James Campbell admitted to feeling relieved rather than elated yesterday as he watched his final javelin attempt at Loughborough International land just a centimetre beyond Scotland's Commonwealth Games standard.

Following three years during which a persistent shoulder injury tormented him to the point that he considered suicide, the 26-year-old threw 70.01 metres to finish third and put himself within reach of a summons to Hampden.

The athlete would be a popular inclusion. Named as Scotland's team captain in Loughborough, Campbell received a swell of support ahead of what was only his second competition since 2011.

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He acknowledged that he is still far short of the form which brought him UK titles but it was still heartening to see him restored to rude health.

"I could feel it coming," he said. "My run-up was just a mess during the last few rounds but I literally got just enough with the final throw. I'm just learning to do it again. It was a pressure situation and a few years ago, I might have lost my cool. But I'm pleased with the way I handled it."

Campbell must now achieve the qualifying mark once more before the June 8 deadline. Others warmed to the Leicestershire sunshine too and basked in a mission completed, with Emily Dudgeon effectively guaranteeing her place in the 800 metres in Glasgow with a run of 2:02.67.

That brought victory and the prospect of challenging Laura Muir, and potentially Lynsey Sharp, this summer. "It's going to be about performing at my best on the day," said the Cambridge medical student. "I won't worry too much about the other athletes on the team."

The scrap for supremacy in the women's hammer promises to fascinate right to the end. Rachel Hunter's decision to seek a hiatus from her nursing studies is reaping its rewards with the 20-year-old now trailing only Shirley Webb in the all-time Scottish list following a throw of 66.30m. That allowed her to finish as runner-up to Sophie Hitchon yesterday.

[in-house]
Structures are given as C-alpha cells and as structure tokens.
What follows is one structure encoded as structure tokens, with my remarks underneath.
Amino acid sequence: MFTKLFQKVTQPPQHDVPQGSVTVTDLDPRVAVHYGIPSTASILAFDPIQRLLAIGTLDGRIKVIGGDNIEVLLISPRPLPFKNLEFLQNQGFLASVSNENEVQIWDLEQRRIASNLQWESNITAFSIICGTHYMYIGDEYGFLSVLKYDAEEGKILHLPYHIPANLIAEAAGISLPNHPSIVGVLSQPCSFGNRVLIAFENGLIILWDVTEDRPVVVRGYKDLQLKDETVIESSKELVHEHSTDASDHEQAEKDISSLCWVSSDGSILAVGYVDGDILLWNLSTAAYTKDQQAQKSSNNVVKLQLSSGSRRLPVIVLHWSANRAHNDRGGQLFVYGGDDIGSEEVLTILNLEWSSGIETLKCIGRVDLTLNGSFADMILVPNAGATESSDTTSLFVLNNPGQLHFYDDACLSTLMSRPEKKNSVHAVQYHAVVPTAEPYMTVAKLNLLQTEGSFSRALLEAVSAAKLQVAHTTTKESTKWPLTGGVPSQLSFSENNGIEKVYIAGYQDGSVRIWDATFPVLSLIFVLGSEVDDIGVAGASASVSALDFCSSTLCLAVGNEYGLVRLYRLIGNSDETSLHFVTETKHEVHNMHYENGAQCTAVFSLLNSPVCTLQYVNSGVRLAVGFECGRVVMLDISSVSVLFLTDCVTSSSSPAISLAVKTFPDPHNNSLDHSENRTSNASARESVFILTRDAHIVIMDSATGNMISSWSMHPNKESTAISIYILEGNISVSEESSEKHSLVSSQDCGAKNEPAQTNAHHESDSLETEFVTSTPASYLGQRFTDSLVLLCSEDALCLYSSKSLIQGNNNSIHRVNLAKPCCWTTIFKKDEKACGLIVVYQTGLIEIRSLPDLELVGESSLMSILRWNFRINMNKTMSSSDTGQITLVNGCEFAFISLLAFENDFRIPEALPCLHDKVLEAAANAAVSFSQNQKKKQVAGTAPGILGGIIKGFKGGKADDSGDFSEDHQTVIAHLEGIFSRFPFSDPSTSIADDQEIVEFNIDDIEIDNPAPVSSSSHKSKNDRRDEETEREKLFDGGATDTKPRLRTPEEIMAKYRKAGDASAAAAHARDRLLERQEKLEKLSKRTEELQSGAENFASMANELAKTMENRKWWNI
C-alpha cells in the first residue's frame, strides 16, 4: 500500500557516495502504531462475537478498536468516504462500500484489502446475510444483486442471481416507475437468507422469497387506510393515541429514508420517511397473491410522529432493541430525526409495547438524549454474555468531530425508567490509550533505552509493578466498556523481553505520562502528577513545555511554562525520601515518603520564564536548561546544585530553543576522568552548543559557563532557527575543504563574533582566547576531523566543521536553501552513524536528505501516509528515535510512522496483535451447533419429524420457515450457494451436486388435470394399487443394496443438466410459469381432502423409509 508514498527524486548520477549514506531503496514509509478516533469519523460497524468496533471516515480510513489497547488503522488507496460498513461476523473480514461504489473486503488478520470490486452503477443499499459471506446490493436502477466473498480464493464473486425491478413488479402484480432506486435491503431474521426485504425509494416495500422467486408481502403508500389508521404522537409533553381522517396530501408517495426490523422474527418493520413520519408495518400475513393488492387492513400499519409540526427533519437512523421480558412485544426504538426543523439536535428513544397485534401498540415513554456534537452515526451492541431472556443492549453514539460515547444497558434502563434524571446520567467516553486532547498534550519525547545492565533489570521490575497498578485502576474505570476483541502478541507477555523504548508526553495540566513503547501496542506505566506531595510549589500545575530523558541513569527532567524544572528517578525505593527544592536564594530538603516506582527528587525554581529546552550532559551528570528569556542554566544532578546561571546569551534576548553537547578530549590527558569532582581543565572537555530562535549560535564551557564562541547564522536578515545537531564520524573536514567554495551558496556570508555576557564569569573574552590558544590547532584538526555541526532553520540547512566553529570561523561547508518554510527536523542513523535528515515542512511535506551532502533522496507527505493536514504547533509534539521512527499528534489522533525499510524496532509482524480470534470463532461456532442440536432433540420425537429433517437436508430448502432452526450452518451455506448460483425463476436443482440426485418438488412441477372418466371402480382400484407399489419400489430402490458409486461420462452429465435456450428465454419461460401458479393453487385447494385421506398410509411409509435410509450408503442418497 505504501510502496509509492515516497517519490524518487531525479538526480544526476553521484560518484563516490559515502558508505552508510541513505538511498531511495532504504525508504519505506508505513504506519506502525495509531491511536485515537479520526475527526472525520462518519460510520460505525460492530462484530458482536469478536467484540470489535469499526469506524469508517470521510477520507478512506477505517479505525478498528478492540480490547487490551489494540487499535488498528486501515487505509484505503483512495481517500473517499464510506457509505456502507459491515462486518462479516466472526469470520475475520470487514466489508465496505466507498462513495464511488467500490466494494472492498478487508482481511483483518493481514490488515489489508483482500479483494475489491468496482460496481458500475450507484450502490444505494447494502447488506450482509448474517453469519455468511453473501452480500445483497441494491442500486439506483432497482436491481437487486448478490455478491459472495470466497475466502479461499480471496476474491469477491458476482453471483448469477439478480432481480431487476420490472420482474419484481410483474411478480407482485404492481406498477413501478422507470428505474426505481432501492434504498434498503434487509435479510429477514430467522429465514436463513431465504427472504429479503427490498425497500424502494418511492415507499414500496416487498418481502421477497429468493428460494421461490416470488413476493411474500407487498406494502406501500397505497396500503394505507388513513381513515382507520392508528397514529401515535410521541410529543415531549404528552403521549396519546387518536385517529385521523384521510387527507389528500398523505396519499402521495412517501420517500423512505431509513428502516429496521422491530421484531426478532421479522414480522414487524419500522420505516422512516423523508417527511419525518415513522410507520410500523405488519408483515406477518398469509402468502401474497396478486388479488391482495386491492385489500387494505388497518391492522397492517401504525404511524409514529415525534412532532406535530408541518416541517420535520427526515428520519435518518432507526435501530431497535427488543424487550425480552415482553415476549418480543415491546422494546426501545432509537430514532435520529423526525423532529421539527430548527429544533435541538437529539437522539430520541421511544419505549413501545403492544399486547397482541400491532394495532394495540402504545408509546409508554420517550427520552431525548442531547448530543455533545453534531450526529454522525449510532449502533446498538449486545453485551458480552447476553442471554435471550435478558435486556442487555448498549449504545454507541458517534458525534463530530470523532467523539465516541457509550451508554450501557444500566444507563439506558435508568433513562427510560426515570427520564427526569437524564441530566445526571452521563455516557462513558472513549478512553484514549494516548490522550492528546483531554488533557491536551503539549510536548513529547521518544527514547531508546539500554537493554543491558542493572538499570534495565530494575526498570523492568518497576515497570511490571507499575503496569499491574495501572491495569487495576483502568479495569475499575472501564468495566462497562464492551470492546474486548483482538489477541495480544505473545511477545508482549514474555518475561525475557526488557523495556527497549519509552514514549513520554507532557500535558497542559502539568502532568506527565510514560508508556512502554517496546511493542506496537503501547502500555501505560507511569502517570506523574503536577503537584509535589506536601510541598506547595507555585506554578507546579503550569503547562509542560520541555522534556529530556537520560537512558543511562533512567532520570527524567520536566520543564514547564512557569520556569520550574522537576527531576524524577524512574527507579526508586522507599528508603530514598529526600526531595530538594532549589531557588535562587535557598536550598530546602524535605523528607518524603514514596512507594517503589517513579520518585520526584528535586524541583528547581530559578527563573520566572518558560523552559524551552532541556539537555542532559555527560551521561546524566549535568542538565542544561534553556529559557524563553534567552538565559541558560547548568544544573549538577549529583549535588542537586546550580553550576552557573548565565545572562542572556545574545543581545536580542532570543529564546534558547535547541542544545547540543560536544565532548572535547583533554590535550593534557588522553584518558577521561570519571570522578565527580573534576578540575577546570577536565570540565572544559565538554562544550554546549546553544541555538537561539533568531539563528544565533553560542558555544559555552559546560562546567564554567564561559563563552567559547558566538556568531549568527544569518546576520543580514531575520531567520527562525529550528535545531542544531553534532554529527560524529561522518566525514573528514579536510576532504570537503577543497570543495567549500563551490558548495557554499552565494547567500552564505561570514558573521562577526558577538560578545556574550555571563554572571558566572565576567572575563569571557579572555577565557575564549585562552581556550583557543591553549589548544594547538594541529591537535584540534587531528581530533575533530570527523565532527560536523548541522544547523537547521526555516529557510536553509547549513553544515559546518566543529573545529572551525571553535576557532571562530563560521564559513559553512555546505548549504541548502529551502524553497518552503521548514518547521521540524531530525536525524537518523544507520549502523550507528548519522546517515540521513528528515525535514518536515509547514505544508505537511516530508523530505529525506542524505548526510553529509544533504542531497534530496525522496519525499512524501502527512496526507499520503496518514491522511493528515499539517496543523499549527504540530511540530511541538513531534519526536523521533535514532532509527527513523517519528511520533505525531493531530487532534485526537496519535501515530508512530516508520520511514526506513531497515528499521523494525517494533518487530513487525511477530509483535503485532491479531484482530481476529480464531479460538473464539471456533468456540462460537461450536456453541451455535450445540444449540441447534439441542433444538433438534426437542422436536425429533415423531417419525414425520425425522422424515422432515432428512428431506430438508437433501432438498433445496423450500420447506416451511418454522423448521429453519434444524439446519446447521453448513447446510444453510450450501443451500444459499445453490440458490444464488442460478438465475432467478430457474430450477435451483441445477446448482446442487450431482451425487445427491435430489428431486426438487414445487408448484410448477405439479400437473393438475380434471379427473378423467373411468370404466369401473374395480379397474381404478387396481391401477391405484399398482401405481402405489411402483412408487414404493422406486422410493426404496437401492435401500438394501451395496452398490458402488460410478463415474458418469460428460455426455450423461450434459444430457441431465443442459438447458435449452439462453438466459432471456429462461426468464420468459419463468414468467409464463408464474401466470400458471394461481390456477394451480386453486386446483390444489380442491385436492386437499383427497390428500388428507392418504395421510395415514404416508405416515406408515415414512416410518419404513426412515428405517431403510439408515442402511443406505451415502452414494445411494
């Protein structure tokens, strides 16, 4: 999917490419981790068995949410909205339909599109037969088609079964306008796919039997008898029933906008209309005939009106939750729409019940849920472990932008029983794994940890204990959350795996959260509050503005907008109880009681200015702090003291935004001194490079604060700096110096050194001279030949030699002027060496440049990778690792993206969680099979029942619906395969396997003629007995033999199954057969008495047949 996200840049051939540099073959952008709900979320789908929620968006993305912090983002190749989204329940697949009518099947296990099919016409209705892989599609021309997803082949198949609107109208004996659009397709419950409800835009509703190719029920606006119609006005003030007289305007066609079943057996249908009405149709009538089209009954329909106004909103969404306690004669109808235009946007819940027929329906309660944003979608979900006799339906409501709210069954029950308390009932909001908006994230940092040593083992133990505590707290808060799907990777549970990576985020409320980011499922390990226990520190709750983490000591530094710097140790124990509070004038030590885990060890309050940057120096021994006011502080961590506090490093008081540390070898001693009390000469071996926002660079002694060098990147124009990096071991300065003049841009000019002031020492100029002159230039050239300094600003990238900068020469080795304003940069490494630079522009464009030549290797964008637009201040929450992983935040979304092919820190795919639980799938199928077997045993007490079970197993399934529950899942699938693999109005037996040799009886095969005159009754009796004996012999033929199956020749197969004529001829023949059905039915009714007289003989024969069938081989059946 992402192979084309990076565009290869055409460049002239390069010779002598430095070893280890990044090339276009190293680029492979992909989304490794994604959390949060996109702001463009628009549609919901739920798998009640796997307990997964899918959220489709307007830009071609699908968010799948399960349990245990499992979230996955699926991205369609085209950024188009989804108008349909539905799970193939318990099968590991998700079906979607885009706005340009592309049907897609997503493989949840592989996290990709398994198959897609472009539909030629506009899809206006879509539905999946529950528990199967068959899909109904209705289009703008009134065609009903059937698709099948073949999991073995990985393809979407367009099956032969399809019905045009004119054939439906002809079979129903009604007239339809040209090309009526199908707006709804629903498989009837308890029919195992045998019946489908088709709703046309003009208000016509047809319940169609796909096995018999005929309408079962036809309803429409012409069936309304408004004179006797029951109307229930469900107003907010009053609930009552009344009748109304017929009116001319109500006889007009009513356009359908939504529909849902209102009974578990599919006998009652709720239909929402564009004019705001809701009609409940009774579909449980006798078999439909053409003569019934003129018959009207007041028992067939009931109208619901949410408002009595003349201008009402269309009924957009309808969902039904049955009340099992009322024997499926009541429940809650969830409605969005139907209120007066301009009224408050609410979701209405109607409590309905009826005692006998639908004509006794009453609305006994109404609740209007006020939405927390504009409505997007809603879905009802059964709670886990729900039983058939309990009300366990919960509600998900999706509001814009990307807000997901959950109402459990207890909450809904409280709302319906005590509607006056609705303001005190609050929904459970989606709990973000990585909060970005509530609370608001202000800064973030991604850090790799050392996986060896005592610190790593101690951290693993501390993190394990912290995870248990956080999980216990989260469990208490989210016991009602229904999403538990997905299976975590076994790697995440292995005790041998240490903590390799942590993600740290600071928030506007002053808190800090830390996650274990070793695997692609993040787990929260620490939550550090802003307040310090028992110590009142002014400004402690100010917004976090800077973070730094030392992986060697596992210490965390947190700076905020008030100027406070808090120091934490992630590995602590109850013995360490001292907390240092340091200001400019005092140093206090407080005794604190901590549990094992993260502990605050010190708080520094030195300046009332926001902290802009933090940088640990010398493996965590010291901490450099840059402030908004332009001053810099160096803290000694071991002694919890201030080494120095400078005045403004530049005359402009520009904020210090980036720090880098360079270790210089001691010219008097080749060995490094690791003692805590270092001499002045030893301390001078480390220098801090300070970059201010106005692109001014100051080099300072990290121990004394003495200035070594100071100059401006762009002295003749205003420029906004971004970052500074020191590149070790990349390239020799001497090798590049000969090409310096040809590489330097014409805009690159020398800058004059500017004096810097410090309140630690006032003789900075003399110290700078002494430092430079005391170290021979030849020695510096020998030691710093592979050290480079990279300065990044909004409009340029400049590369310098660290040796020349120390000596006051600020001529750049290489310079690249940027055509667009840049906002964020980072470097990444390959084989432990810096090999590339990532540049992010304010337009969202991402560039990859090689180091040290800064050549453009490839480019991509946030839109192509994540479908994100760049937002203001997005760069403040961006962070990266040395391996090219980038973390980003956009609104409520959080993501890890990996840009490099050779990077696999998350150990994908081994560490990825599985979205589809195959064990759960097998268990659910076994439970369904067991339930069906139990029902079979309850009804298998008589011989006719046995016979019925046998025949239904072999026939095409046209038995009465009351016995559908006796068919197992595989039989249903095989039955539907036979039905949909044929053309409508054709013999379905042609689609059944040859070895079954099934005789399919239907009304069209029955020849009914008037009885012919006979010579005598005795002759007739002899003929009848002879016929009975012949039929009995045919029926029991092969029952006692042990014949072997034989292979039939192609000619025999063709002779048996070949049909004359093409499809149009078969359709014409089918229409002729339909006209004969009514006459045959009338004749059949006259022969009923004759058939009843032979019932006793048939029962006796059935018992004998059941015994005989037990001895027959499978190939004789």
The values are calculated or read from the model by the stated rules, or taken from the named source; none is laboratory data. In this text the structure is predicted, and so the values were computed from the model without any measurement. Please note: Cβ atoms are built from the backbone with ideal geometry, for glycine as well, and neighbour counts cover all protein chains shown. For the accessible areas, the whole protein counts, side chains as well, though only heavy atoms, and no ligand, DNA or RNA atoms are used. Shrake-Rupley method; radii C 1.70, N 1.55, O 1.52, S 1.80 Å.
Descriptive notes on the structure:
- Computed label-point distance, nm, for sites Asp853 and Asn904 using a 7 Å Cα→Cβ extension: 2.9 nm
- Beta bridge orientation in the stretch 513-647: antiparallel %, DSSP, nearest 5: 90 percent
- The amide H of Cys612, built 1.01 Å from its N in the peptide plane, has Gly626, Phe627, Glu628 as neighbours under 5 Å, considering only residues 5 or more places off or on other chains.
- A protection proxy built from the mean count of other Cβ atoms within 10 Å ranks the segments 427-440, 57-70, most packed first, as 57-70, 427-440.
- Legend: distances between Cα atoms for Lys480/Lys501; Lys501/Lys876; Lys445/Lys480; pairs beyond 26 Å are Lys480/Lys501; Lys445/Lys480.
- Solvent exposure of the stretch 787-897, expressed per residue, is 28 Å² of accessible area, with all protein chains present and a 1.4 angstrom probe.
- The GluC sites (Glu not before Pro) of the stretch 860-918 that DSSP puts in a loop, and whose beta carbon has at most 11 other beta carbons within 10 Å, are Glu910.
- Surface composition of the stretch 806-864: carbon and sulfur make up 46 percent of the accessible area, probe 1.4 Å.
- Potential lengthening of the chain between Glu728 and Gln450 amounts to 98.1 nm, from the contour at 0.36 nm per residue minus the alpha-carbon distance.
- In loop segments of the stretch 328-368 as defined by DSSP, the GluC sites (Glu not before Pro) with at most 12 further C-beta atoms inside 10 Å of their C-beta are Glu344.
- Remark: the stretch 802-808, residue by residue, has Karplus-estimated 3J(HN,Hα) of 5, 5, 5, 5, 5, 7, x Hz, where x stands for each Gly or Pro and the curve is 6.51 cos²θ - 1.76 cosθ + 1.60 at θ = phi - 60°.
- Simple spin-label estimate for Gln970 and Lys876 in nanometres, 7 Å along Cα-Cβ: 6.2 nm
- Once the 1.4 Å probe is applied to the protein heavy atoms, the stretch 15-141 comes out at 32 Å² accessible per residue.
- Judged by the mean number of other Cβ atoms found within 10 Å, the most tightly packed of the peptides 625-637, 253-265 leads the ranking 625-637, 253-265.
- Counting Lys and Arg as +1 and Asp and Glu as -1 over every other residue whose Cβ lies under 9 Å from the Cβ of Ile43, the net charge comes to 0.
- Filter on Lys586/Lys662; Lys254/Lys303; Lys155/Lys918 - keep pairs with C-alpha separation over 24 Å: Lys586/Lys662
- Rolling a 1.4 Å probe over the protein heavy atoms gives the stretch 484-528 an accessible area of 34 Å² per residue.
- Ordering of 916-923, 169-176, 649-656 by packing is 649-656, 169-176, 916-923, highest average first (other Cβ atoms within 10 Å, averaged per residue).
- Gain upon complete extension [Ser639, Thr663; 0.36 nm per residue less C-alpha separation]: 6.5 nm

Susan McKelvie, who was already pre-selected for Glasgow, was fifth, Myra Perkins sixth and teenager Kimberley Reed seventh. With one to miss out, these are tense times for all concerned.

"It was a bit more than I was hoping for because I had an exam on Wednesday," said Hunter. "But conditions were good and my technique was on. I'm really chuffed."

Hunter credited the influence of Mark Dry or pushing her above and beyond in her recent performances. The Highlander was second in the men's event, with compatriot Andy Frost in third. Elsewhere heptathlon prodigy Morgan Lake won the high jump in 1.93m to break the UK junior record just six days after turning 17

The feat was matched by young Welshman David Omoregie, whose time of 13.23 seconds in the 110m hurdles leaves him fifth on the all-time world junior list.

n Great Britain's Gemma Steel came home second yesterday following a sprint finish at the Great Manchester Run. The 28-year-old improved on her fourth-place result at last year's event to finish Europe's most auspicious 10km race in 32 minutes and 10 seconds, as she just held off Kenya's Polline Wanjiku to the finish line.

The women's elite race was won by world and Olympic 10,000m champion Tirunesh Dibaba of Ethiopia, who finished over a minute ahead of Steel and Wanjiku in 31min 09secs.

In the men's event, victory went to another Ethiopian in 5000m and 10,000m world record holder Kenenisa Bekele, who crossed the line in 28:23. Bekele held off the challenge of Kenya's marathon world record holder Wilson Kipsang, who finished five seconds off the pace, while South African's Stephen Mokoko came home third.